Directed by Doug Liman (Edge of Tomorrow / The Bourne Identity), Chaos Walking stars Tom Holland and Daisy Ridley fleeing for their lives from the tyrannical mayor of a small settlement, played by Mads Mikkelsen. Set on a distant world in the year 2257 where the thoughts of men can be heard aloud by anyone in a close enough proximity, the film itself is an adaption of The Knife of Never Letting Go, a novel from British writer Patrick Ness.
While there is a lot to like about Chaos Walking, every positive does have a negative. Tom Holland and Daisy Ridley give really solid performances throughout but Mads Mikkelsen feels weak, underutilised and is nowhere near as menacing or intimidating as he’s probably supposed to be. The world itself seems intriguing enough but it is never really expanded on in a satisfying way.
Keeping the above in mind, the biggest flaw that Chaos Walking has is actually supposed to be the main hook of the film – The Noise. From beginning to end we see a coloured aura around our male characters as visual representation of their internal thoughts manifesting externally and while at first I did believe this to be just something for the audience, it becomes apparent quite quickly the characters in the world see these auras as well.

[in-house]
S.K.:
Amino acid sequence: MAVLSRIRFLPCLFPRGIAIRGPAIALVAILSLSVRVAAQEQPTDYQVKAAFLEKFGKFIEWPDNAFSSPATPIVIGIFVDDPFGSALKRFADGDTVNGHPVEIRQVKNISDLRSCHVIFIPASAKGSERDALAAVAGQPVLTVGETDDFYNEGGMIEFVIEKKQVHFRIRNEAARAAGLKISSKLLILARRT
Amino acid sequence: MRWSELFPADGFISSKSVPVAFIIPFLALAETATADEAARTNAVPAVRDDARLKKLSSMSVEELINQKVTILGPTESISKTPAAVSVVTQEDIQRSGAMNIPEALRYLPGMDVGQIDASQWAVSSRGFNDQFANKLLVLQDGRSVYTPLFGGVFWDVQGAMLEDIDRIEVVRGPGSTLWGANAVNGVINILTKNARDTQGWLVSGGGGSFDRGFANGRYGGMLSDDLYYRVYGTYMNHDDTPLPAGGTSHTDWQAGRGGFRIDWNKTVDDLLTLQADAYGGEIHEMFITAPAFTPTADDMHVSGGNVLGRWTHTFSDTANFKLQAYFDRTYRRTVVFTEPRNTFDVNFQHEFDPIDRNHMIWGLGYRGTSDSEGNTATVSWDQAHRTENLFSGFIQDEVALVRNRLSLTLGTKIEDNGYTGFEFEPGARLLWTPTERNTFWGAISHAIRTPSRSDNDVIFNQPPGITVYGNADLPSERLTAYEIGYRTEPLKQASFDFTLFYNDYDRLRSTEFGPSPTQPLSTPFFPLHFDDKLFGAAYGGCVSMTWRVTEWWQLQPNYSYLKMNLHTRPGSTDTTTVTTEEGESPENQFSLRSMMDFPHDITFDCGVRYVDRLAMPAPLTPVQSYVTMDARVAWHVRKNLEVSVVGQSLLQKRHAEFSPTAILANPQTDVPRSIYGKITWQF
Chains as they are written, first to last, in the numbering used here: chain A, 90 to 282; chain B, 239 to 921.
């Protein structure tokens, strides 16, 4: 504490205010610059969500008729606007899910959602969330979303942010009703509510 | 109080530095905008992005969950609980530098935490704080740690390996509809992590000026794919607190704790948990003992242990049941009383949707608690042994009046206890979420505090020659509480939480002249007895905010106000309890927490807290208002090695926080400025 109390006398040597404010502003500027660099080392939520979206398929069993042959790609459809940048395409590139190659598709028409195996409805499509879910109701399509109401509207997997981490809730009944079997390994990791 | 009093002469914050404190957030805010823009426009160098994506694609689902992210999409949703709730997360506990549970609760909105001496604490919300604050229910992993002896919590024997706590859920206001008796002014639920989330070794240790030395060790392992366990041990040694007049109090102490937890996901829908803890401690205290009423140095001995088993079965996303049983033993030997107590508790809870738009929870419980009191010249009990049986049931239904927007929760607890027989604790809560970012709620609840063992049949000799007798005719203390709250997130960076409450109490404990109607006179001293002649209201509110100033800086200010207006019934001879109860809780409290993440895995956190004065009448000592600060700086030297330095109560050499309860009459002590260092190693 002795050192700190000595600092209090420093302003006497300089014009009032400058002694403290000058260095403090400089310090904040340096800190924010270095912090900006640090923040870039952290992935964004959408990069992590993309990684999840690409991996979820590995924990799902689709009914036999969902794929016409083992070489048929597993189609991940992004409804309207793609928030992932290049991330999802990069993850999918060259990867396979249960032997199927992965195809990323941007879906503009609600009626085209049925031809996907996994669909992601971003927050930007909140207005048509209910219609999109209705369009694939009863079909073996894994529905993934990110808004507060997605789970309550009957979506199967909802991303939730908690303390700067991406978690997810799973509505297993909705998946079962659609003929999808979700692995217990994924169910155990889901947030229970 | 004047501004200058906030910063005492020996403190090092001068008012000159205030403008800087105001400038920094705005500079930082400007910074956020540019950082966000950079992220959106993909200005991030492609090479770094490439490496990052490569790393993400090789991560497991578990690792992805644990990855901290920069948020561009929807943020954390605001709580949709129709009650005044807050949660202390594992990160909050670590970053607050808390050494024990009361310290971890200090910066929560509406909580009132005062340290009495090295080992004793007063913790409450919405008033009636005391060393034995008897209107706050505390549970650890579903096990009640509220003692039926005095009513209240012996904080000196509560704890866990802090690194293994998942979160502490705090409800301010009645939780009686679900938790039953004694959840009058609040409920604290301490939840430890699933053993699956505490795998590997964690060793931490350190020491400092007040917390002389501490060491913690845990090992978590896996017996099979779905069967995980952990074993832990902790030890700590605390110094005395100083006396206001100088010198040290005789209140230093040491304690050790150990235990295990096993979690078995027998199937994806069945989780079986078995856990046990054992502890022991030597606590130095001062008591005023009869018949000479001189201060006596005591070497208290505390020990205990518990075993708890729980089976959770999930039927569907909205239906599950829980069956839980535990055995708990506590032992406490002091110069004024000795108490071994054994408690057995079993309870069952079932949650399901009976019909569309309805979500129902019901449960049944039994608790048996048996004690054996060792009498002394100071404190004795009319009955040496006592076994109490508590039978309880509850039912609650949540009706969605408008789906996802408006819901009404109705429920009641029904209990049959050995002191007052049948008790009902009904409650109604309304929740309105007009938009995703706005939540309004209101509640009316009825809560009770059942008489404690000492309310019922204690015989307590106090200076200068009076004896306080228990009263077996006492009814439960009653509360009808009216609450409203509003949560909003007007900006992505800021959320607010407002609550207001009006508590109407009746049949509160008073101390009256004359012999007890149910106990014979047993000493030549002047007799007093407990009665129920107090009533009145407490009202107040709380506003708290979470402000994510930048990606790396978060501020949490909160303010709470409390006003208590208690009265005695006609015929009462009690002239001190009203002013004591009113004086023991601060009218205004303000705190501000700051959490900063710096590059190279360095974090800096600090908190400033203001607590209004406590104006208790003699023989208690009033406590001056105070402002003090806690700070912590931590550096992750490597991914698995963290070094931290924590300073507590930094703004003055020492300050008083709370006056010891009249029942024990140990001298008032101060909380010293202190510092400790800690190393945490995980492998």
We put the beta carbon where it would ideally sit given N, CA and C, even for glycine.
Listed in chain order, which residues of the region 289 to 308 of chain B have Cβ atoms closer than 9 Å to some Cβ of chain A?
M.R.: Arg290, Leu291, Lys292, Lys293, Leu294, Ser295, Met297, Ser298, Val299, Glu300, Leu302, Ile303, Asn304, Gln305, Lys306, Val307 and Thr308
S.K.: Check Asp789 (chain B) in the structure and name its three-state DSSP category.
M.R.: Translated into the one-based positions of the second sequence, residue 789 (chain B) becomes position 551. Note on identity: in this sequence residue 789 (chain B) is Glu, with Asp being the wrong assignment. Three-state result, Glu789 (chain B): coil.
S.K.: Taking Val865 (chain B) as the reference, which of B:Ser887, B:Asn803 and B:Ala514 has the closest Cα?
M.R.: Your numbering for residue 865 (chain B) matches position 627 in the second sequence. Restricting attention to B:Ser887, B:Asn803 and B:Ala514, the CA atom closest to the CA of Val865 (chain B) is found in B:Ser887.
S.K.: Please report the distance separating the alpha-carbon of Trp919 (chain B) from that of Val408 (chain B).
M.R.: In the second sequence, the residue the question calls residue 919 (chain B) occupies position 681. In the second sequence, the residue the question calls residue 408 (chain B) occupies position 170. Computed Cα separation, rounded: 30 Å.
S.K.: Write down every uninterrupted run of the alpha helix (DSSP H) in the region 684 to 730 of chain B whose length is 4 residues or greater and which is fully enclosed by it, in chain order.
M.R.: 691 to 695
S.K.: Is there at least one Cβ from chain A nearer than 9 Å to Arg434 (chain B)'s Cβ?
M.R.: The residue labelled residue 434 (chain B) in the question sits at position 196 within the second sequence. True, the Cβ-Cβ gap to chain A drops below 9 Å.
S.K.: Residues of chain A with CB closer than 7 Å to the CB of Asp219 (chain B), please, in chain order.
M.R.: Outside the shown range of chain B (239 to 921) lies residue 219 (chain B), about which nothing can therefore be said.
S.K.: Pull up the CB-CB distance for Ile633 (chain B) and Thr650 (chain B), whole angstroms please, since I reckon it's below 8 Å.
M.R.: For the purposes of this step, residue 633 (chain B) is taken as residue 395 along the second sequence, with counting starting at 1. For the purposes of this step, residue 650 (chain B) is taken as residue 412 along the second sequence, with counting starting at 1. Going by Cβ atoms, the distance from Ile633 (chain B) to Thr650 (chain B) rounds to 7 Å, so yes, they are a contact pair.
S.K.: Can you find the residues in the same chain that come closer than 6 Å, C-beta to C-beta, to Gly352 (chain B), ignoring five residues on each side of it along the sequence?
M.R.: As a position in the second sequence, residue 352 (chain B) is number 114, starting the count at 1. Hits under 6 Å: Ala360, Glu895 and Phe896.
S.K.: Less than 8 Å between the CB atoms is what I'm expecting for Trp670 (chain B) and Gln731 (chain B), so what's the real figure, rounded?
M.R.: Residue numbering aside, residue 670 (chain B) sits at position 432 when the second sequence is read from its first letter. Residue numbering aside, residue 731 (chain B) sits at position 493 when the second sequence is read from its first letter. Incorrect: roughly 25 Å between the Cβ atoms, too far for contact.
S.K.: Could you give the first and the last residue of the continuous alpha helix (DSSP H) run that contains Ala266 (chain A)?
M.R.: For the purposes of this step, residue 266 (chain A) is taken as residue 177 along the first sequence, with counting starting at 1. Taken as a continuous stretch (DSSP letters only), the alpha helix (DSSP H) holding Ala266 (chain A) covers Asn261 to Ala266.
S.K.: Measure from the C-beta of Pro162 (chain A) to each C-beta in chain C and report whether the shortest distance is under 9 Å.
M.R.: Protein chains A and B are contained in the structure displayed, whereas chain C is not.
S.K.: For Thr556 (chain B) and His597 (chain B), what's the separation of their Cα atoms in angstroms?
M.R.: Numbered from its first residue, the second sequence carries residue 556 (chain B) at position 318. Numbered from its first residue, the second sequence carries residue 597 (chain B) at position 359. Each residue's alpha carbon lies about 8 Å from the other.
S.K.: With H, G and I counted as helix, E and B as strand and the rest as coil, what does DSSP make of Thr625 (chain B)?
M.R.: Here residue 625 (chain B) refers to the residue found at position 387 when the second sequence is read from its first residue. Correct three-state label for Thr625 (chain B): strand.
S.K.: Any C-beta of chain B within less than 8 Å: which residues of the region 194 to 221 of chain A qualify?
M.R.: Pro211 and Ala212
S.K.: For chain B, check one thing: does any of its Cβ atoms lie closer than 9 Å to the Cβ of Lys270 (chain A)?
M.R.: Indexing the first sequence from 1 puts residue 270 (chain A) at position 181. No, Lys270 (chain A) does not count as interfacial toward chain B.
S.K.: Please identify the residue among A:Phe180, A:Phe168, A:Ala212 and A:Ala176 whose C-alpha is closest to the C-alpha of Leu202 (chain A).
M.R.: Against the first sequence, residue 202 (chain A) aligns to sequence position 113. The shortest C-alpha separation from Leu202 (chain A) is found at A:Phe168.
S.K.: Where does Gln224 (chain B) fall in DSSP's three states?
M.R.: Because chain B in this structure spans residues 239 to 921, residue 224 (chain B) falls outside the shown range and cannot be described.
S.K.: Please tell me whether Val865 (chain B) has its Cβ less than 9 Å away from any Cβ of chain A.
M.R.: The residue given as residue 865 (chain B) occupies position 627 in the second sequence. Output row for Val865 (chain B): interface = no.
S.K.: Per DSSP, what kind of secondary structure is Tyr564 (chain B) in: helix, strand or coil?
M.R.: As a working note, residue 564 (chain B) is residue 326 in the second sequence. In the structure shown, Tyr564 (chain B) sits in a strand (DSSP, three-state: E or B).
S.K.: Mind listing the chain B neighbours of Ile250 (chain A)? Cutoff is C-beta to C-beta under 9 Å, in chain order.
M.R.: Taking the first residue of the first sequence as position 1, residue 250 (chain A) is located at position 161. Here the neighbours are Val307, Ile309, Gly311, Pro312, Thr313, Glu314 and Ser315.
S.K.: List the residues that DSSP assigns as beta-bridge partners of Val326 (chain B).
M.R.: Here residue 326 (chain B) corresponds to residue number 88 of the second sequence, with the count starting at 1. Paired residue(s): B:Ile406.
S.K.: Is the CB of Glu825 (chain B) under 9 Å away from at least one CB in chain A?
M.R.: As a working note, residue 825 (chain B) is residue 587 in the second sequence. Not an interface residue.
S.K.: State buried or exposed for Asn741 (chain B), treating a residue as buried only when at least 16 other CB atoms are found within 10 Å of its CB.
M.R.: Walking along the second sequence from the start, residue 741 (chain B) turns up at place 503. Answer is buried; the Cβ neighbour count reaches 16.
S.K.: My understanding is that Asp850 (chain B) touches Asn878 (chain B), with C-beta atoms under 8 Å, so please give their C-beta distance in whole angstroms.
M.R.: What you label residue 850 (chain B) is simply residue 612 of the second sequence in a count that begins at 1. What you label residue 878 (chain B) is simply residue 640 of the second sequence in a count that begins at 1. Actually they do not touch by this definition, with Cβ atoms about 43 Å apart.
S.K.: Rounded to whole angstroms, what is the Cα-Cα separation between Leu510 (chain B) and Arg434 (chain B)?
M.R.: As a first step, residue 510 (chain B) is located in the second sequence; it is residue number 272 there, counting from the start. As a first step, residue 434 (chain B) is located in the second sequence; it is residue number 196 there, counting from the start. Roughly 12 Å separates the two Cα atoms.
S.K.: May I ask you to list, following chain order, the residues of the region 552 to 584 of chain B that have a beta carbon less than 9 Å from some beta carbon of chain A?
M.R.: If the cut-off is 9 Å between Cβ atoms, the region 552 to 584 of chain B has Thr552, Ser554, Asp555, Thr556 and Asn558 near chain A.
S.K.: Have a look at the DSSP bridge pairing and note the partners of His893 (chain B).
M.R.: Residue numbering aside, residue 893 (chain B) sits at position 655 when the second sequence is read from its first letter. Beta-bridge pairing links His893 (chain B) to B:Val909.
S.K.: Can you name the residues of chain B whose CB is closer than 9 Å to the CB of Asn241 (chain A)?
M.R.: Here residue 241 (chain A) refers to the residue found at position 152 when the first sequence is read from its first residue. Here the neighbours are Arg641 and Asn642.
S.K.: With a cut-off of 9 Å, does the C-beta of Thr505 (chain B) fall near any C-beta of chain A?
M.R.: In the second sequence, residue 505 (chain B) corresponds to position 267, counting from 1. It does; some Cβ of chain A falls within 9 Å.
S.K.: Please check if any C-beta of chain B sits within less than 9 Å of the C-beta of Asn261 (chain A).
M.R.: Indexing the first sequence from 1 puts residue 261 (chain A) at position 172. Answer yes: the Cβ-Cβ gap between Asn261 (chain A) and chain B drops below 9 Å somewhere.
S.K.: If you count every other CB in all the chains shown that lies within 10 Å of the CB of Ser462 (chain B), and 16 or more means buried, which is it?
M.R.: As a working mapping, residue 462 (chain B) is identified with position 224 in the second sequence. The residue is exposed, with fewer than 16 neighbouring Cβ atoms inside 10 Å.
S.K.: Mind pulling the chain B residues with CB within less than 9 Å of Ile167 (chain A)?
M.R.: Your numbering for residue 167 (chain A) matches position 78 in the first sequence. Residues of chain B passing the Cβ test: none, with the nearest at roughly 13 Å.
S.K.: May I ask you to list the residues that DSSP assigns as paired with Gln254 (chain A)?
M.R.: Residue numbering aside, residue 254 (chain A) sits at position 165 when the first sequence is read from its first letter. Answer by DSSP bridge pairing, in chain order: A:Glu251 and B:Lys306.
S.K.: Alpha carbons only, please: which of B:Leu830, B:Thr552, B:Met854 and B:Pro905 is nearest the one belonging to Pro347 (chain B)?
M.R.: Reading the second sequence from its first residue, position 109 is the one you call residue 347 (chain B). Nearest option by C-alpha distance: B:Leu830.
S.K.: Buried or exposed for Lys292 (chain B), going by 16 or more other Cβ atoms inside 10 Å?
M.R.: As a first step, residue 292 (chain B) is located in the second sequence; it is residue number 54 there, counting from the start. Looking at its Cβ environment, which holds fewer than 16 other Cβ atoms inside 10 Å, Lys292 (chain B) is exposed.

The Noise is never fully defined at any point though. It can be something as simple as hearing someone’s internal monologue as they make their way through the world or it could be manifesting images in the mind of another to make them see what you want them to see. As such, the Noise is something that is projected by one individual rather than something that is perceived by another which is all well and good but I think they could have done more with it as it really is a cool concept with so much storytelling potential.
Plus, to be honest after a while, it just becomes a little annoying.
Story wise, the film isn’t anything special and it is fairly serviceable but much like the Noise, it could have been expanded and fleshed out a little more. The film comes in at just over 90mins and it could easily have done with at least an additional 25mins to allow some extra time for character development and world building. Some of the scenes feel like they’ve been edited down just a little too much and we’re never really given any real time to let any of the scenes or characters breathe before we’re hurried along to the next scene.
I’ve never read The Knife of Never Letting Go, but after watching this I wouldn’t mind picking it up but based solely on what I’ve seen here I think may it may have been better suited to a limited series on Netflix or Amazon or something like that.
In theory, Chaos Walking should have been a recipe for greatness but in practice the execution could have a bit better. It isn’t a bad film by any stretch, but I wouldn’t go out your way on this one.
by Edward Laing